6 November 2019

The Kadettes - Fireball XL5/ Mission Impossible



An eighties synth-pop cover of a children's sci-fi show - just what the future ordered

Label: Blank
Year of Release: 1982

Back in their days as a relatively unknown live outfit, XTC used to try to excite provincial crowds who were unfamiliar with their material with unexpected covers. "All Along The Watchtower" made it on to their debut LP "White Music". Their peppy cover of "Fireball XL5", on the other hand, went nowhere, languishing in the vaults until their "Coat of Many Cupboards" box set unveiled it in 2002 (mixing it together with a pretty mean dub version). While the band weren't happy with the studio version, it's possible they also sensed it might be a bit too gimmicky for an up-and-coming group during those somewhat judgemental times.

A few years later, this little 45 was released by the rather anonymous Kadettes, and placed the tune in the rightful lap of a studio project who were unafraid of the project's novelty value. The early eighties were surely the right time to revamp the track as well. Barry Andrews' squeaky keyboards on XTC's version made it seem like sixties pastiche, whereas this remodels the track as a piece of sleek, futuristic disco - or at least, it sounded pretty damn modern at the time.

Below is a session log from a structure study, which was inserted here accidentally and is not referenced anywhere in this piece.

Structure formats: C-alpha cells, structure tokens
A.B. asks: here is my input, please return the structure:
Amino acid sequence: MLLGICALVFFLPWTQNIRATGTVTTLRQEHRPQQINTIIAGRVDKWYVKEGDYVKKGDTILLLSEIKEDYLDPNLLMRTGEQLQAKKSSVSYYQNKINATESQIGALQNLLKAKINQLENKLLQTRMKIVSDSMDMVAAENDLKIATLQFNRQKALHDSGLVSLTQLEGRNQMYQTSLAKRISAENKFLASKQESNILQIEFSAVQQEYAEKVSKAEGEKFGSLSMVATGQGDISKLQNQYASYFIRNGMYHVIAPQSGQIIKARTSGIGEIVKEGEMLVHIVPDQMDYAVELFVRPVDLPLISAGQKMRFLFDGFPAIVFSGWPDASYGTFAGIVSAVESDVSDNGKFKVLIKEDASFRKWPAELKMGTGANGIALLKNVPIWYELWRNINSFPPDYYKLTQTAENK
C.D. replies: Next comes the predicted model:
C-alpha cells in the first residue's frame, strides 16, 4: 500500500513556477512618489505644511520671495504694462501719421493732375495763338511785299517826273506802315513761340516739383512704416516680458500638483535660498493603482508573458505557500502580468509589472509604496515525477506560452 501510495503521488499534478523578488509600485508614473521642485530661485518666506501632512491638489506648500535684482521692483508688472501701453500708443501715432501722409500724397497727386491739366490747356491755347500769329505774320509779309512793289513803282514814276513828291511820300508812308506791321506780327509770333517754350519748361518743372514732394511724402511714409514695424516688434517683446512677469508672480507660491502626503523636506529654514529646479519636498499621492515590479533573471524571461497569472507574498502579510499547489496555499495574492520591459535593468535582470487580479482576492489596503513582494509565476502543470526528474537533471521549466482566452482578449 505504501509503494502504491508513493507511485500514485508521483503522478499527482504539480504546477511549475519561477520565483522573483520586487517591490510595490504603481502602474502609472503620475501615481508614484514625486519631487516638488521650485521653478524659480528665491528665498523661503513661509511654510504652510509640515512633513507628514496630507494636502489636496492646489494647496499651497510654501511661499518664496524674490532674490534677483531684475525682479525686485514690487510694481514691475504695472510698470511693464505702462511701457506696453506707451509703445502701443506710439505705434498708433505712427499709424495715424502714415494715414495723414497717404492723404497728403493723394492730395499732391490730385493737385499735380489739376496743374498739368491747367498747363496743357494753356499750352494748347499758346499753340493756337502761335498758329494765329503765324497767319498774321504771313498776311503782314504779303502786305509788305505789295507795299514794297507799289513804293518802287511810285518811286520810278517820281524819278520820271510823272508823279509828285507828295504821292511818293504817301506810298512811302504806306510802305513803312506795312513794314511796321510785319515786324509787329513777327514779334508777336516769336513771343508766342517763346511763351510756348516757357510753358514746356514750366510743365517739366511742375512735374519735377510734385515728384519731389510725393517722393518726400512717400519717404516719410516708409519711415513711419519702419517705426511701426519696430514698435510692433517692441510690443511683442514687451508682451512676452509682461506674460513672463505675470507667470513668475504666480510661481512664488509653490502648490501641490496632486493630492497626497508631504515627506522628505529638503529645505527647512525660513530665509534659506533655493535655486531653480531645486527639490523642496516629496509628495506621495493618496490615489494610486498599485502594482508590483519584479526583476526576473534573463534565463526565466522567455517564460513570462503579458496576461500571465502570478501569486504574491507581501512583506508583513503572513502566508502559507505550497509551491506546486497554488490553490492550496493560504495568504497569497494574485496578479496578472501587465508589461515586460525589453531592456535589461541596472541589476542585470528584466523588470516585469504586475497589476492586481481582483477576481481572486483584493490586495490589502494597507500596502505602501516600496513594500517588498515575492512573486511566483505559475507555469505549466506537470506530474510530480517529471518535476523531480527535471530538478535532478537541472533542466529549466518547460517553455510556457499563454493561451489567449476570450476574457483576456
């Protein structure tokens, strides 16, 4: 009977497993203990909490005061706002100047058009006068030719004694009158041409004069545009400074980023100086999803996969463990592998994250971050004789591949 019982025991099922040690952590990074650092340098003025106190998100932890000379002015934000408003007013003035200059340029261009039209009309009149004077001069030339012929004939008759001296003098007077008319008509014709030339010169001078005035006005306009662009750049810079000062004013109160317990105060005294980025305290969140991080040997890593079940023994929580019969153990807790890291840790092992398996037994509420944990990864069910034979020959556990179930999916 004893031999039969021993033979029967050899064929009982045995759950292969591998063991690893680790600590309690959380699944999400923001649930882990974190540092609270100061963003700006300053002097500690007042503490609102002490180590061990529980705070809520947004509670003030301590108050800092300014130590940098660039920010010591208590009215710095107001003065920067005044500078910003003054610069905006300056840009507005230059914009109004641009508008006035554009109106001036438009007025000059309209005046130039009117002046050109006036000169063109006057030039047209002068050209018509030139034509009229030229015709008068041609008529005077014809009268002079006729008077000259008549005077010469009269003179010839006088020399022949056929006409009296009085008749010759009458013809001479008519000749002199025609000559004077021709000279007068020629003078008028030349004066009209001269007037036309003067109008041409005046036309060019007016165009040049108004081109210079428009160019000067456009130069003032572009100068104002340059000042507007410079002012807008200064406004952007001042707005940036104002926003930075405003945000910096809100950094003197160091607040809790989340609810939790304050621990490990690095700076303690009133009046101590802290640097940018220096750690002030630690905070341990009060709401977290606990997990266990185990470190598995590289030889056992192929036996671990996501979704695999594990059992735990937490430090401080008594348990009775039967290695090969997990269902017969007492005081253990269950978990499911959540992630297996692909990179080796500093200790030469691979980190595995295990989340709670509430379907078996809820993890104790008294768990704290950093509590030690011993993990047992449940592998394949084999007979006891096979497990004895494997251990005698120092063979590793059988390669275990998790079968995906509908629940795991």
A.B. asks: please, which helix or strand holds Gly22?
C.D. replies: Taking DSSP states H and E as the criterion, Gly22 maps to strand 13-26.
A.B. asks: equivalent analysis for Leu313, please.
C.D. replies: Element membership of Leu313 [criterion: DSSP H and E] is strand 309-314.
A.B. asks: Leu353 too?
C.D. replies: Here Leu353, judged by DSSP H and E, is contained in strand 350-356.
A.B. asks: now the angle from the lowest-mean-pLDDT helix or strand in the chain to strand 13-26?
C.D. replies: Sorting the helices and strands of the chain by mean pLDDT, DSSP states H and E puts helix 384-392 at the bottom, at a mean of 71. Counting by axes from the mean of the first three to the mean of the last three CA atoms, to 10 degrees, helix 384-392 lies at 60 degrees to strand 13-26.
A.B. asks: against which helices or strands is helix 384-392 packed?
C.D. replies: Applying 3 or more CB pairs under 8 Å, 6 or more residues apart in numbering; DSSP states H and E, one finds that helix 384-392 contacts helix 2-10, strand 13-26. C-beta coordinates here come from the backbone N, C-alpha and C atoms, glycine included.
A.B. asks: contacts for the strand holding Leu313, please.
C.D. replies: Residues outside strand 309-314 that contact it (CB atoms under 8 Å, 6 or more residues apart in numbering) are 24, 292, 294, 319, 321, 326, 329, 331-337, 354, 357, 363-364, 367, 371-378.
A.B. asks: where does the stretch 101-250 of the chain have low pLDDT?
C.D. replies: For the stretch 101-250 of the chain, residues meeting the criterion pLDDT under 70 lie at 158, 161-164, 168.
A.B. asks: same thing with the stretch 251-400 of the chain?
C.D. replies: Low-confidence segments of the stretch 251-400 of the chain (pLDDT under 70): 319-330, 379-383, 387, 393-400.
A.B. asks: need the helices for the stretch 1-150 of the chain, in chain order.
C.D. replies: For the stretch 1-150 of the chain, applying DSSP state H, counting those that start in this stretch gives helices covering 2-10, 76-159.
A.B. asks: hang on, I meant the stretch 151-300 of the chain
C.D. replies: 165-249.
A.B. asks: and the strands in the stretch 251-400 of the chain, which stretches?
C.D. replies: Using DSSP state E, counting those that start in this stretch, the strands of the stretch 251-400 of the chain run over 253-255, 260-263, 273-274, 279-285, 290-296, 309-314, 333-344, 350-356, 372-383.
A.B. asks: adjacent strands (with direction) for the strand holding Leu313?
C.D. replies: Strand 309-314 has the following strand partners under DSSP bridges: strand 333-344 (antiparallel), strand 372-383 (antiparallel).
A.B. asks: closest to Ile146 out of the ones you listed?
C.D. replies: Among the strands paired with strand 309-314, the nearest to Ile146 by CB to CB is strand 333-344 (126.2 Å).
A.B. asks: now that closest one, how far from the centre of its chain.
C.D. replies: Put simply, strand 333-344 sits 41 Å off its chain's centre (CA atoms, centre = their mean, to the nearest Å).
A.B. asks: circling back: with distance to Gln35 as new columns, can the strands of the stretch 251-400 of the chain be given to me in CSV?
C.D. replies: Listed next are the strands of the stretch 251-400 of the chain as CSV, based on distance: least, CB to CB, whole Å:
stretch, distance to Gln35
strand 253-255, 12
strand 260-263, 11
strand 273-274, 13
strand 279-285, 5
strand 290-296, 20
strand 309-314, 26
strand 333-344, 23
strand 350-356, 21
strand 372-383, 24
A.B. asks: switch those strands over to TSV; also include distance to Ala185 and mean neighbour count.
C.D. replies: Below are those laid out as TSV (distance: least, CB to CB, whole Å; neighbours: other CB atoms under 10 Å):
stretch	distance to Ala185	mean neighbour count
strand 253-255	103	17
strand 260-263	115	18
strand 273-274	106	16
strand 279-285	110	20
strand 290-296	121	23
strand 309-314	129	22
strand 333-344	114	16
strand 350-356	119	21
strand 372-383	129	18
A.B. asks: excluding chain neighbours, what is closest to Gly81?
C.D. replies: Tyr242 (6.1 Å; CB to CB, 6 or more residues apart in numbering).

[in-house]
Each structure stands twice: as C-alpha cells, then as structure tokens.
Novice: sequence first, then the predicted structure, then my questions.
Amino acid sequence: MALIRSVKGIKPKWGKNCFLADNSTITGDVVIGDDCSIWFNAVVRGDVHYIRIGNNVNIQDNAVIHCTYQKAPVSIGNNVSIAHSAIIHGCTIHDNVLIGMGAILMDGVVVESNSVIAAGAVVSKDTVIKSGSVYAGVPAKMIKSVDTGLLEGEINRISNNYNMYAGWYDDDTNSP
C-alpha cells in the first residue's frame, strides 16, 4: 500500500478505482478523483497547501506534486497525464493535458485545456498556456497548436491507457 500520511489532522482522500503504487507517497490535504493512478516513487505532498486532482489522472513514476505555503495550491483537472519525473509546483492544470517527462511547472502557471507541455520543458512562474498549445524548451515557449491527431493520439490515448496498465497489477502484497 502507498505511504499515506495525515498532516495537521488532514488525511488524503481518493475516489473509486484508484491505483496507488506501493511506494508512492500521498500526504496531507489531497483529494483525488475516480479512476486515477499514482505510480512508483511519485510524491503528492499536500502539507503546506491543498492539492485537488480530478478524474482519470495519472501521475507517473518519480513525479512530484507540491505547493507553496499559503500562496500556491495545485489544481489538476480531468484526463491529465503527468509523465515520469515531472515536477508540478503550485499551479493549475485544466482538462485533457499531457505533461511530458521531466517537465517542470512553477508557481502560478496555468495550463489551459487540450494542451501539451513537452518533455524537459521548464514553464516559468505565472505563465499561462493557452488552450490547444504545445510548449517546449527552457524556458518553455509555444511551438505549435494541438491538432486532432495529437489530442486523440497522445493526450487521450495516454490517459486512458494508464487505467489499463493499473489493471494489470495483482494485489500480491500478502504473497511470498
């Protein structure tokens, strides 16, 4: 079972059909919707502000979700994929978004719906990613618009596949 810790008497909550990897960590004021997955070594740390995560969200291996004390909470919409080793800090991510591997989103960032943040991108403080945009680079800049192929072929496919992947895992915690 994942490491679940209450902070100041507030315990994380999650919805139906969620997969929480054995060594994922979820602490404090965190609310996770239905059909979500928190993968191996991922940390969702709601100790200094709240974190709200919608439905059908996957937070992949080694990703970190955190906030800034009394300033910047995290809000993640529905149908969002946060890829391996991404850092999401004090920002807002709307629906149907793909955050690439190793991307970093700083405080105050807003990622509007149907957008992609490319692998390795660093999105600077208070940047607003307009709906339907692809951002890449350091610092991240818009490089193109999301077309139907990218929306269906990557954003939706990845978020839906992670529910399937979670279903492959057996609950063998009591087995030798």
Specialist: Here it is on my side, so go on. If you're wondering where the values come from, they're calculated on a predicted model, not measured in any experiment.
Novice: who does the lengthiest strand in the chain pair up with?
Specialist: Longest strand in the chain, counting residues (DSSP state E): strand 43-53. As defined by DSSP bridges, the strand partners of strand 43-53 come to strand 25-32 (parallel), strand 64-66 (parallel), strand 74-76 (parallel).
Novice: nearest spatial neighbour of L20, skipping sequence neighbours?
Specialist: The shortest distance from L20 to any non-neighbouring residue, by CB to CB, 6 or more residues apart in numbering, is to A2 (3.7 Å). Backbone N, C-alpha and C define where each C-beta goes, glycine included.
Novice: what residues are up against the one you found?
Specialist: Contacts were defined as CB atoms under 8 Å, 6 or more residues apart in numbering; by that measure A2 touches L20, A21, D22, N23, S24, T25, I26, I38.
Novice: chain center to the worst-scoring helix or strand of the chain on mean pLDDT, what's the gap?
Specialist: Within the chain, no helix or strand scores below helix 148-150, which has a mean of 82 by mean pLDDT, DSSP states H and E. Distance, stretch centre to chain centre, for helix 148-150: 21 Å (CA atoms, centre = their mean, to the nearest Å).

Regrettably, the flip "Mission Impossible" isn't actually a synthpop cover of the theme from that programme - though I'm not too sure how that would have worked. It's an original composition which  is perfectly listenable but overshadowed by the ginormous hooks on offer over on the A-side.


The producer Simon Humphrey was involved in this record, who was previously one of the prime movers in the pseudo-New Romantic outfit The Techno Twins, but besides that he also worked with Secret Affair, The Jags, The Vibrators, The Drones, The Farmer's Boys and, most surprisingly and probably most successfully, Malandra Burrows off "Emmerdale Farm". I wouldn't be surprised if The Kadettes were just a studio group he pulled together for the purposes of making this record. Somebody had to do it.



1 comment:

Anonymous said...

A superb version of Fireball XL5, thanks for sharing!